The three-month-long spill was triggered by the April 20, 2010 blowout of BP's Macondo exploratory well 40 miles off the Louisiana coast. The explosion killed 11 workers and resulted in the largest offshore oil spill in U.S. history - some 4.9 million barrels of crude oil.
Most Gulf waters were already open. This red snapper was pulled from waters offshore of Louisiana March 3, 2011 (Photo courtesy Mule Team Charters)
At its peak, the closed area was 88,522 square miles, or 37 percent of federal waters in the Gulf of Mexico.
The National Oceanic and Atmospheric Administration, NOAA, today reopened the 1,041 square miles of gulf waters immediately surrounding the Deepwater Horizon wellhead. After several failed attempts to stop the undersea gusher, the wellhead was capped in July.
No oil or sheen has been documented in the area since August 4, 2010.
"I am pleased to announce that all federal waters affected by the spill are now open to all fishing," said NOAA Administrator Jane Lubchenco.
"I thank fishermen and the public for their patience and FDA for its support and cooperation throughout this process while we worked diligently to ensure the integrity of gulf seafood," she said.
This reopening was announced after consultation with the U.S. Food and Drug Administration and under a reopening protocol agreed to by NOAA, the FDA, and the Gulf states.
NOAA sampled this area between November 11 and November 14, 2010, March 12 and March 16, 2011, and March 28 and April 1, 2011, for potentially affected finfish, including tuna, swordfish, and escolar.
Dept. Health and Human Services Commercial Seafood Program inspector Gary Lopinto performs sensory testing on filets of black drum from the Gulf of Mexico, July 30, 2010. Photo by David Gallent courtesy State of Louisiana)
Sensory analyses of 86 finfish samples and chemical analyses of 112 finfish samples found no detectable oil or dispersant odors or flavors, and NOAA says the results of chemical analysis for oil-related compounds and dispersants are "well below the levels of concern."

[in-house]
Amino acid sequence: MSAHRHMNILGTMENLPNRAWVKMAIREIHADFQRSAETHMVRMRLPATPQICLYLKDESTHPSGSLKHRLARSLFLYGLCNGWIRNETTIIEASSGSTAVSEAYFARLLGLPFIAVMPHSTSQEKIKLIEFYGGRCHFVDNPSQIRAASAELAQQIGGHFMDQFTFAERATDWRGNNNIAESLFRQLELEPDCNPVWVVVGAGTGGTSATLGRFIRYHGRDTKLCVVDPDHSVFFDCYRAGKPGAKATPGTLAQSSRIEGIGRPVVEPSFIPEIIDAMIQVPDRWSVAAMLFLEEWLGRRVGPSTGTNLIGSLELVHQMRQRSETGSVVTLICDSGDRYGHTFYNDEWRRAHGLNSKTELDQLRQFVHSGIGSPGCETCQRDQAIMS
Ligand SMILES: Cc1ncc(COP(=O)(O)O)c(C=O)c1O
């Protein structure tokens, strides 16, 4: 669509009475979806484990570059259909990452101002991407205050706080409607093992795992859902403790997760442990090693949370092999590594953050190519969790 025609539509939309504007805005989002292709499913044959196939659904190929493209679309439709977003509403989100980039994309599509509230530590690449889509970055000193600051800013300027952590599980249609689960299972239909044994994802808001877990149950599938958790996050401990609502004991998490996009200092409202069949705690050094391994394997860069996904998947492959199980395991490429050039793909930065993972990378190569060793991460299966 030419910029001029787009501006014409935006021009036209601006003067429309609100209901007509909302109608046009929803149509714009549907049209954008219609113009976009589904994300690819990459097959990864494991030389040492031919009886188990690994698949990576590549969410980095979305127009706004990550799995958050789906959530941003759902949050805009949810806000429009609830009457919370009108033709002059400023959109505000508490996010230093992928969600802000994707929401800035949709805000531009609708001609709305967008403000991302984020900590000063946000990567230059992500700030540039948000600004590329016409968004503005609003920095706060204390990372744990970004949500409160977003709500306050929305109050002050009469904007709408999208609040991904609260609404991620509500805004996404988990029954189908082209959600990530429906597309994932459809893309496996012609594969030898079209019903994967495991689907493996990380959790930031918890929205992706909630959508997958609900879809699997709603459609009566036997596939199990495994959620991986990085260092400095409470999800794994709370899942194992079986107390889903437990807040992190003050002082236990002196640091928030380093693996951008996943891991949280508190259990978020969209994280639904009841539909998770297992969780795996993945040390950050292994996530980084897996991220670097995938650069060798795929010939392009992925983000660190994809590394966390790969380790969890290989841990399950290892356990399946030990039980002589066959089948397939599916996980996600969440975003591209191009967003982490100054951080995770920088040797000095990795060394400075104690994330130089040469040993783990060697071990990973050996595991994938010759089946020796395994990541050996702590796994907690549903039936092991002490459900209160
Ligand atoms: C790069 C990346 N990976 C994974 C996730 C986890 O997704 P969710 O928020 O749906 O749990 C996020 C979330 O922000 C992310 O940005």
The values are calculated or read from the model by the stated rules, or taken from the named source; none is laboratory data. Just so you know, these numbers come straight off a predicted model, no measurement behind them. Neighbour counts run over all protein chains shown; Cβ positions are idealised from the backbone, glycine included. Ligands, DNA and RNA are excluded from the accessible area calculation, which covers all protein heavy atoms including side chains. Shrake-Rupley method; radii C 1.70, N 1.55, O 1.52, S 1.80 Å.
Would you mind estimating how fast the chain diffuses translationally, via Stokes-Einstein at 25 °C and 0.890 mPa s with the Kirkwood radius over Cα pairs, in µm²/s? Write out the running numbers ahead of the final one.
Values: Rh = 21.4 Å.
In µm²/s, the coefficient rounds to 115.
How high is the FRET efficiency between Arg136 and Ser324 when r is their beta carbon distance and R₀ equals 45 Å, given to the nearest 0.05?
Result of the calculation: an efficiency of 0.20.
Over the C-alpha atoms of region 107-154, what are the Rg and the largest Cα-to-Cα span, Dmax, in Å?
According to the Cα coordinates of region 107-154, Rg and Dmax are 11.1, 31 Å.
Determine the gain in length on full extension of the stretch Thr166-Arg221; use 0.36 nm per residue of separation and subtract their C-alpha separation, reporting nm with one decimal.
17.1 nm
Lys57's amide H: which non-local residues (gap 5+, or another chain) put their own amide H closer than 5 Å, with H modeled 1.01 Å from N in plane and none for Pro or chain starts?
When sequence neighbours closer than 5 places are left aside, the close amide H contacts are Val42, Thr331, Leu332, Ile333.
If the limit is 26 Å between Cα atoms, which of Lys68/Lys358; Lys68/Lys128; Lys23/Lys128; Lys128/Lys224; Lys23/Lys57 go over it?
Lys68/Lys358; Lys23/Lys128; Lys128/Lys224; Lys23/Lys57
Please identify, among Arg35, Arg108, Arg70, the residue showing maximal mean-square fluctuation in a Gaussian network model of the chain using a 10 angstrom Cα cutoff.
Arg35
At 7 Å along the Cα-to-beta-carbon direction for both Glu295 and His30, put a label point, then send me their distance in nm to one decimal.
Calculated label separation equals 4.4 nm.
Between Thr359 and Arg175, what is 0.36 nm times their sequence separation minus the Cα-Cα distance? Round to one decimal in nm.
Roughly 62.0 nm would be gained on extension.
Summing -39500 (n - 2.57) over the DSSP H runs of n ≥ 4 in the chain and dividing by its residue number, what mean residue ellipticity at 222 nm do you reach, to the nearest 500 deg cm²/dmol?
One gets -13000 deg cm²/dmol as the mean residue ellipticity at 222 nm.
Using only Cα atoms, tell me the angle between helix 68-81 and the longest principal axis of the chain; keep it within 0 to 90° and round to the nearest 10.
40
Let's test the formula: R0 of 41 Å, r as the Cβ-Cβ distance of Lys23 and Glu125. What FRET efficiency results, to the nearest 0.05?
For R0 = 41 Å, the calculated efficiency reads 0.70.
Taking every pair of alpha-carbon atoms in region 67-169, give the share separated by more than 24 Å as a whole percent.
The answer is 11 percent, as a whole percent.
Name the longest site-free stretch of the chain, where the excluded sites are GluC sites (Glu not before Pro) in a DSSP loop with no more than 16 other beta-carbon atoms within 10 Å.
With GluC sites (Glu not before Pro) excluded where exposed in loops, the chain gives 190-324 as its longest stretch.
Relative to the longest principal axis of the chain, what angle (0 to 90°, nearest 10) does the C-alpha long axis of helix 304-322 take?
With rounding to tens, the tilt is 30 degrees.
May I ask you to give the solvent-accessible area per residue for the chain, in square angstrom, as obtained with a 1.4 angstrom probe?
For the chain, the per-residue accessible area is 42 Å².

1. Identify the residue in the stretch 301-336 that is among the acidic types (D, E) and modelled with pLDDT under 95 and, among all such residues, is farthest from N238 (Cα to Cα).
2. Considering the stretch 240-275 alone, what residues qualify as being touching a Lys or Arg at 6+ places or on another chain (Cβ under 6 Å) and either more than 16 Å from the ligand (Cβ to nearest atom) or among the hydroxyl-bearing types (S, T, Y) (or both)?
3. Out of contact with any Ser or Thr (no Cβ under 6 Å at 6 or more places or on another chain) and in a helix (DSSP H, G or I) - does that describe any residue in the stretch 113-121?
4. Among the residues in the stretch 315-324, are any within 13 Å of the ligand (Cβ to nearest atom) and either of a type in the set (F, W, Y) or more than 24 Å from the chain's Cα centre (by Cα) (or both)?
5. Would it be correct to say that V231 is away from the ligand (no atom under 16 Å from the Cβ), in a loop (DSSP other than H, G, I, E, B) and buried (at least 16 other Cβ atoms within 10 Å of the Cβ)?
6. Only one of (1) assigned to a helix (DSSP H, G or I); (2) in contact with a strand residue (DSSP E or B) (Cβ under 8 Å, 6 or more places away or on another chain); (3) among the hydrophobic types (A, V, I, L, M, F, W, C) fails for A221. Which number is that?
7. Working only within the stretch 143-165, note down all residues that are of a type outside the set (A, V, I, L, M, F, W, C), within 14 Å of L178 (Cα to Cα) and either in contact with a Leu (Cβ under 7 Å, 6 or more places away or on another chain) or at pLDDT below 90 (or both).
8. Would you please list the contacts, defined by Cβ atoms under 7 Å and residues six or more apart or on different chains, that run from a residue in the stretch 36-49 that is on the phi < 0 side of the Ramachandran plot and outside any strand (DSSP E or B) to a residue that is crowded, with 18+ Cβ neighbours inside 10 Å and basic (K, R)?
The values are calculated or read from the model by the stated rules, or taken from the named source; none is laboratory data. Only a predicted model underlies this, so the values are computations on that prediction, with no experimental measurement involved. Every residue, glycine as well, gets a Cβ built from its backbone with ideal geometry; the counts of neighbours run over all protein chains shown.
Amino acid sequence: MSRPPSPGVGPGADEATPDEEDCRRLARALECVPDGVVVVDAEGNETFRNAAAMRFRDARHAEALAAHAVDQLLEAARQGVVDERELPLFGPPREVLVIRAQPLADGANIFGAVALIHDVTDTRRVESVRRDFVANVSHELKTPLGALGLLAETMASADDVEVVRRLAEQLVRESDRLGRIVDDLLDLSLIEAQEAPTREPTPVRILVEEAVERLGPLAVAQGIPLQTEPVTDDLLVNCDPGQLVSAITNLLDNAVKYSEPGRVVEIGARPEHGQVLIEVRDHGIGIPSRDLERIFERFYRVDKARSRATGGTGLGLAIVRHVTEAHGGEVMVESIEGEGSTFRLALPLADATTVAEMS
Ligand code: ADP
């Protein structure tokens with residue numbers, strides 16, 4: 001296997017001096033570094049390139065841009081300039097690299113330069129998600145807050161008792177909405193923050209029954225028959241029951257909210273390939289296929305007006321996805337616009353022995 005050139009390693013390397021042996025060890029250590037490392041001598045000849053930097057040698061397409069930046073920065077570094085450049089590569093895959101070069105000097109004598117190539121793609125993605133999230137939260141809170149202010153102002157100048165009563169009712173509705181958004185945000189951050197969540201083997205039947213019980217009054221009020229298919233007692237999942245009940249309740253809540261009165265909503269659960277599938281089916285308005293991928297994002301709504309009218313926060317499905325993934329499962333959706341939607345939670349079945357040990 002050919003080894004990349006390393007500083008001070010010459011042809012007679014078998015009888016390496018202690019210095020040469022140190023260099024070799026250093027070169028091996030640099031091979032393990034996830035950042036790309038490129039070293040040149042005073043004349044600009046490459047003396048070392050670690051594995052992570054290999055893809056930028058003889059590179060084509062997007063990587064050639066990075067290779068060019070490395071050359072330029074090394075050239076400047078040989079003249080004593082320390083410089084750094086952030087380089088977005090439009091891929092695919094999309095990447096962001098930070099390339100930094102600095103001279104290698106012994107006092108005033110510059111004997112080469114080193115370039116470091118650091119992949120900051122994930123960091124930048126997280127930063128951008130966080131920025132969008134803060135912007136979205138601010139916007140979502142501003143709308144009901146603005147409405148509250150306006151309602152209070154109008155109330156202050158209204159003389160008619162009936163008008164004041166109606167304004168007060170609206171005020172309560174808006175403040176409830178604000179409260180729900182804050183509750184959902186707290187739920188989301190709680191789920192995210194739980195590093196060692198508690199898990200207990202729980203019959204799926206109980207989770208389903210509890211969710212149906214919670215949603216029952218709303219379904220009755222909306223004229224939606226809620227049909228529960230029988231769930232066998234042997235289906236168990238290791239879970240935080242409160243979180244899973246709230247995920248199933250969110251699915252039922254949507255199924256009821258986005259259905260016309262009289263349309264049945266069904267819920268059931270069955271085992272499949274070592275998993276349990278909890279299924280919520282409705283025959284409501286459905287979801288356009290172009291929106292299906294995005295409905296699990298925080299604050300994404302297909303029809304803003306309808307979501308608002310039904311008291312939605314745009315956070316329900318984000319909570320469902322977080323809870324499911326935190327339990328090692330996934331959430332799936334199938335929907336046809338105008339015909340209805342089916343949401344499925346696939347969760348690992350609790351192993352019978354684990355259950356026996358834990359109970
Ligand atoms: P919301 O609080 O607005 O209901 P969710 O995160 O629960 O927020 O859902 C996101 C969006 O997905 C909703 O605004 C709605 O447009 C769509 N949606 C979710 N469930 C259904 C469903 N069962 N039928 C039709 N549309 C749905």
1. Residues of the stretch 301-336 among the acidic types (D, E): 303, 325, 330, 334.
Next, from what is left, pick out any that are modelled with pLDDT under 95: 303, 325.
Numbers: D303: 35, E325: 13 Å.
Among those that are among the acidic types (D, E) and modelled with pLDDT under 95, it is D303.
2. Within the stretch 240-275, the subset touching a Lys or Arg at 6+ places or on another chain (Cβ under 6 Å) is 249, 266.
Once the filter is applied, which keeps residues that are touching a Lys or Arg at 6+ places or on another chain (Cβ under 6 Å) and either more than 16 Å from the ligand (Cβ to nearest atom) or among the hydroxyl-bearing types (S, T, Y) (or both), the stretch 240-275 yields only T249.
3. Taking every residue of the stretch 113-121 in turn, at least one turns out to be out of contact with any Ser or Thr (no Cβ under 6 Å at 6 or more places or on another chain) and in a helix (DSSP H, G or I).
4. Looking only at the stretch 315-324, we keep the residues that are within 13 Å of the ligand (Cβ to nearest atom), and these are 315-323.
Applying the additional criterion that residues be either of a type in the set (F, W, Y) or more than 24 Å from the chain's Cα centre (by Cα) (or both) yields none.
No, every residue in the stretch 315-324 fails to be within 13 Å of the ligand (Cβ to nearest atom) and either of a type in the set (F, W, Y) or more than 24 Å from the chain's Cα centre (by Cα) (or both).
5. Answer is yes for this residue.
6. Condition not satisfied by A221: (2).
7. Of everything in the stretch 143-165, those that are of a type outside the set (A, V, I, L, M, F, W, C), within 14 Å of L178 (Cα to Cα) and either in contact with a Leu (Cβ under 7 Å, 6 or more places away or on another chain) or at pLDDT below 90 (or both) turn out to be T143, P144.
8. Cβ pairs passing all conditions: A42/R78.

Dispersants are chemicals used to break oil spills into tiny droplets, enabling microorganisms to eat the oil and also diluting more quickly than if it were left untreated.
As announced on October 29, 2010, NOAA and FDA developed and implemented a chemical test to detect the presence of dispersants in fish, oysters, crabs and shrimp.
The level of concern for dispersants is 100 parts per million for finfish and 500 parts per million for shrimp. The test can reliably detect dioctyl sodium sulfosuccinate at levels of 2,000 times below the lowest level of concern.
The results of chemical testing showed that 99 percent of samples contained no detectable dispersant residues, and the few samples that did contain dispersant residues showed levels more than 1,000 times lower than FDA levels of concern.
"Throughout this process, public health and safety has been our primary goal," said FDA Commissioner Margaret Hamburg, MD. "This has been an extraordinary team effort and the reopening of these federal waters serves as a dramatic example of what cooperation between federal agencies can accomplish."
NOAA continues to work closely with the FDA and the Gulf states to ensure seafood safety. Thousands of test results, all publicly available, prove Gulf seafood is safe from oil and dispersant contamination.
However, the Center for Biological Diversity is concerned that dispersants may harm endangered species or their habitats.
An aircraft releases dispersant over an oil discharge from the Deepwater Horizon off the shore of Louisiana, May 5, 2010. (Photo courtesy U.S. Coast Guard)
The Center today filed an official notice of its intent to sue the U.S. Environmental Protection Agency for authorizing the use of dispersants without ensuring that these chemicals would not cause harm to endangered species or the habitats they need to survive.
"The Gulf of Mexico disaster was a wake-up call about the inadequacy of current oil-spill response technology," said Deirdre McDonnell, an attorney with the Center for Biological Diversity. "Before the next spill happens, the government needs to ensure that these dispersants don't do more harm than good to threatened and endangered species."
The EPA must pre-approve the use of chemical dispersants in the event of an oil spill, but has not taken steps to ensure that the use of these chemicals will not jeopardize endangered wildlife.
The Center's notice requests that the agency immediately study the effects of dispersants on endangered and threatened species such as sea turtles, endangered whales, piping plovers and corals.
McDonnell points to studies showing that oil treated by the dispersant Corexit 9527 damages the insulating properties of seabird feathers more than untreated oil, making the birds more susceptible to hypothermia and death.
Other studies have found that dispersed oil is toxic to fish eggs, larvae and adults, as well as to corals, and can harm sea turtles' ability to breathe and digest food, McDonnell says.
Formulations of the dispersants being used by BP, Corexit 9500 and 9527, have been banned in the United Kingdom due to concerns over their impacts on the marine environment.
Copyright Environment News Service (ENS) 2011. All rights reserved.